“We had a good session,” Sandy said, sitting down between Cal and Tom and holding Tom’s hand like a child. She rubbed her thumb across the top of Tom’s fingers in a miniature massage, like they’d been doing heavy labor. “I brought you something,” Sandy said. She dug into a tote bag and pulled out another book of crossword puzzles, the third she’d given him since she learned he could write on his own. Her whole reason for being at the Theroux House, from what Cal could gather, had something to do with language and writing. Her grant was for teaching nonverbal clients like Tom to use a computer, or something.
Cal flipped open the book and read the clues. Sandy said, “Tough one,” though it wasn’t. This was another book for children—Cal could burn through the entire magazine in a couple of days. Which was fine. He didn’t do them for the challenge so much as for seeing how the words overlapped, contributed to one another. It was an elegant arrangement, an interdependency that Cal wished extended to other aspects of his life.
Still, it helped if you had a pencil.
He made the motion with his fingers and Sandy slapped herself in the forehead, which made Tom jiggle with laughter. Sandy said, “I’ve got a pen,” and reached again into her tote bag. She pulled out a composition book and opened it to the first page, blank, where a disposable ballpoint lay cradled in the crease. She didn’t pluck the pen from where it lay. Instead, she slid the entire notebook toward him. The pen, the blank page, an entire book to fill with whatever he wanted. “It’s ink,” Sandy said, “so don’t write anything unless you’re absolutely sure.”
Tom lolled in his seat, vaguely acknowledging the partly cloudy day passing by outside the windows. Sandy looked intently at Cal, the pen now poised in his fingers, and said in her most excruciatingly placid voice, “Can you tell me about the running?”
One of the things Sandy didn’t understand, that normals rarely understood, was that disability also contains a great deal of power. Sandy couldn’t make Tom type out his feelings just because it was convenient for her research. Sometimes he just typed out “boobs boobs boobs boobs.” In a place like the Theroux House, an honest desire to cooperate was in short supply. A well-timed tantrum, voluntary incontinence, or any variety of stubbornness was an effective negotiation tool. For social workers, doctors, researchers, family members, day-staff—for any normal, getting their way was a patience game more than anything, and nobody has more patience than a disabled person. It’s their one unifying feature, their shared special ability. The disabled can endure an unpleasant situation far longer than any normal, and they won’t be shy about exploiting this advantage. Cal, for instance, had been living at the Theroux House fifteen years. He predated half of the doctors.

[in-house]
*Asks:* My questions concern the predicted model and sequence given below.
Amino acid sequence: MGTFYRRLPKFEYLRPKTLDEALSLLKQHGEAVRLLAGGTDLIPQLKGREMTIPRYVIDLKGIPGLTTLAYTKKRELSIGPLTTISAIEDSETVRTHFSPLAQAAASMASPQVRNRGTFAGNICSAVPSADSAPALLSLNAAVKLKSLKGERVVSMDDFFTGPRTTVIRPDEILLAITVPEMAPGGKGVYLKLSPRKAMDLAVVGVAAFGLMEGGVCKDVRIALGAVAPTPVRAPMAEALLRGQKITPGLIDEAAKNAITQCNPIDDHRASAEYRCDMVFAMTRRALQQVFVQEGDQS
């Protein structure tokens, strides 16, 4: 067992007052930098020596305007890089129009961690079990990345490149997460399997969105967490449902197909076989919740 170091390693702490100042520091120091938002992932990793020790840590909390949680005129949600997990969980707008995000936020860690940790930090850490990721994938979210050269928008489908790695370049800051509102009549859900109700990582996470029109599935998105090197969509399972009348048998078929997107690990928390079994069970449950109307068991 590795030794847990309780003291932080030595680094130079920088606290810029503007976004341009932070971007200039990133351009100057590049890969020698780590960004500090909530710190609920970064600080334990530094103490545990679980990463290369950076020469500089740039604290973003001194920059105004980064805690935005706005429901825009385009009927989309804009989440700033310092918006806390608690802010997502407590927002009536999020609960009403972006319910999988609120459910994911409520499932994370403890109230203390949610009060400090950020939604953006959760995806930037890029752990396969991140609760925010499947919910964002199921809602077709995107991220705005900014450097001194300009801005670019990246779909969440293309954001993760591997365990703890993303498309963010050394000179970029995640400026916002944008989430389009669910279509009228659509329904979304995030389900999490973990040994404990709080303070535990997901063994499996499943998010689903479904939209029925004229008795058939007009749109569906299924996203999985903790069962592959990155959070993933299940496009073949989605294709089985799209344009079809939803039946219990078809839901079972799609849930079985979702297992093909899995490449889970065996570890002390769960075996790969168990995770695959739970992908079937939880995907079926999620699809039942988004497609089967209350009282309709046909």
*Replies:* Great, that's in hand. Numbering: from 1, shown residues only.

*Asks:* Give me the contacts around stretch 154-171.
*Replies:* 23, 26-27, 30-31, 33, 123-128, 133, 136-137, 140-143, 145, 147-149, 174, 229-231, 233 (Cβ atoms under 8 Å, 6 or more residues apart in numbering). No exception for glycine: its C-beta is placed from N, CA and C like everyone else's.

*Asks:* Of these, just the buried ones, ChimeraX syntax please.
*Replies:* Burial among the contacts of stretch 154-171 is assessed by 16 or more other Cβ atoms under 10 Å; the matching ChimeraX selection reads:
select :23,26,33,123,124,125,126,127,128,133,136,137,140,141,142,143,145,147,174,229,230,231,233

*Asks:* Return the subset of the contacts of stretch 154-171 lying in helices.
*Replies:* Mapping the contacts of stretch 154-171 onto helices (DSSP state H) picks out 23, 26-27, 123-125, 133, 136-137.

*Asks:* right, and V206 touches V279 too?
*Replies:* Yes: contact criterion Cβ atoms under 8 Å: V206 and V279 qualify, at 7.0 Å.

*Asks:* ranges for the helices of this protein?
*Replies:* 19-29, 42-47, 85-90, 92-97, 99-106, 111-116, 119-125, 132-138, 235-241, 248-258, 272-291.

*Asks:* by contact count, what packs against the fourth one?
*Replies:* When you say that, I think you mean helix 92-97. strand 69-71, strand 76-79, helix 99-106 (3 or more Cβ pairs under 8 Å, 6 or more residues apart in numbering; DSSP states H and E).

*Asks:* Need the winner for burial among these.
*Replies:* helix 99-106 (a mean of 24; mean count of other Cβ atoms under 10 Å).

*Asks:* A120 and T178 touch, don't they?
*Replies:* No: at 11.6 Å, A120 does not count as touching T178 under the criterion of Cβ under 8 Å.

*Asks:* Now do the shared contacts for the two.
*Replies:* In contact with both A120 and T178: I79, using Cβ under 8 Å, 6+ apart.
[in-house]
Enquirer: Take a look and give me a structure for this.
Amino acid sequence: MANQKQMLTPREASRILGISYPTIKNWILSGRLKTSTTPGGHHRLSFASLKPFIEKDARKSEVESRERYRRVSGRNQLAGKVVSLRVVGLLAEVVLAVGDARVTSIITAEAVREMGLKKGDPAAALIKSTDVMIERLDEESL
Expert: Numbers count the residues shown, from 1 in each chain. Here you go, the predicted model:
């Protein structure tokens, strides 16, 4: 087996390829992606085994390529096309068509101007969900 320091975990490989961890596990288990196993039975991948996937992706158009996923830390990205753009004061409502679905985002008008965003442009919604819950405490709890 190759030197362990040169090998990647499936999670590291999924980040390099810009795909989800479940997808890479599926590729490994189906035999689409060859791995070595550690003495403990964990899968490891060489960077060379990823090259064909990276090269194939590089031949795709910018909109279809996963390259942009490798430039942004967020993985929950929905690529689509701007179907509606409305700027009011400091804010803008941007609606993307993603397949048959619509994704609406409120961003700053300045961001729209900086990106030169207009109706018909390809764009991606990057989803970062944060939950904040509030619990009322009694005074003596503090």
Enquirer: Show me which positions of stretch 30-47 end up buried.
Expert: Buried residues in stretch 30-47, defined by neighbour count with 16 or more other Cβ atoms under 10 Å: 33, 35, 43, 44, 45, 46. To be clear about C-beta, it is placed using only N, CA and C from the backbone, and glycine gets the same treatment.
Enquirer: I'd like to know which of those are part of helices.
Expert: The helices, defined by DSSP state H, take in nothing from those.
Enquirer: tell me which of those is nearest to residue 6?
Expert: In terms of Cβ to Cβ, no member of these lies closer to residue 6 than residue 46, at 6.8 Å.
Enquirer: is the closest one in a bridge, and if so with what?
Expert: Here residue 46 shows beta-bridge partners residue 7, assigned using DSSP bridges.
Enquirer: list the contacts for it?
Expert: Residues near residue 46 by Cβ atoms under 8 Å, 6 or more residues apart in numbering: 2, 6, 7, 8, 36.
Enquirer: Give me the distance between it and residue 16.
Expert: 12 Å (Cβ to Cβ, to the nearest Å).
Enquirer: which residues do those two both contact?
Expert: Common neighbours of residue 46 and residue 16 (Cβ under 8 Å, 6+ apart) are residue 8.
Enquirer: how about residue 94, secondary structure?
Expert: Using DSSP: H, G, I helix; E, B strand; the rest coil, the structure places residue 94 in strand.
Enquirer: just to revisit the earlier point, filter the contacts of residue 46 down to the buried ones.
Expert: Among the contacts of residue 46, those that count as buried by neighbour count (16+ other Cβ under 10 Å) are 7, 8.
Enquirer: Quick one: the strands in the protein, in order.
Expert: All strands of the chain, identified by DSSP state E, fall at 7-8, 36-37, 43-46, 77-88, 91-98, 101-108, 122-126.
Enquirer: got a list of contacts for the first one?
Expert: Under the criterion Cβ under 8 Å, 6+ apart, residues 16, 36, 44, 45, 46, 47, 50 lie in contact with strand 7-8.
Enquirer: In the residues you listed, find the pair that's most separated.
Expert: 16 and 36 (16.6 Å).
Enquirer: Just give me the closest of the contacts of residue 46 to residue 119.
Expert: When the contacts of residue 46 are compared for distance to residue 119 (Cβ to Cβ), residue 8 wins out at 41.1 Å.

“I was thinking,” Sandy said, “that we could use this notebook as a private place. Like a little room where only you and I talk to each other. No one else is invited inside. No one else will ever get to know what we say.” She said all this aloud, but then she moved her chair around behind him, put her hand on his hand, and moved the pen inside Cal’s hand. Tell me about the running, she made him write.
Cal considered the absurdity of this tactic. This was how she helped Tom pluck at keys on a keyboard, by holding his hands and letting Tom strain against her resistance. But Tom was a man who lacked the motor skills to bring a spoonful of pudding to his mouth. When he started to respond, Sandy’s fingers urged him to fight against her. He endured it, writing the slowest sentence of his life across the first page of the notebook:
Running doesn’t have words.
Sandy wrote, Why do you make Eugene chase you?
Sandy’s resistance slowed him down again, making him work for the language. I want to, he wrote. Simple and direct.
“Keep going,” Sandy whispered. “You want to what?”
Cal glanced around Antarctica, saw Eugene stationed by the door, keeping an eye on things. When his gaze met Cal’s, his eyes lingered. A slow nod, then a wink, and the hint of a smirk before Eugene continued to oversee the commons room.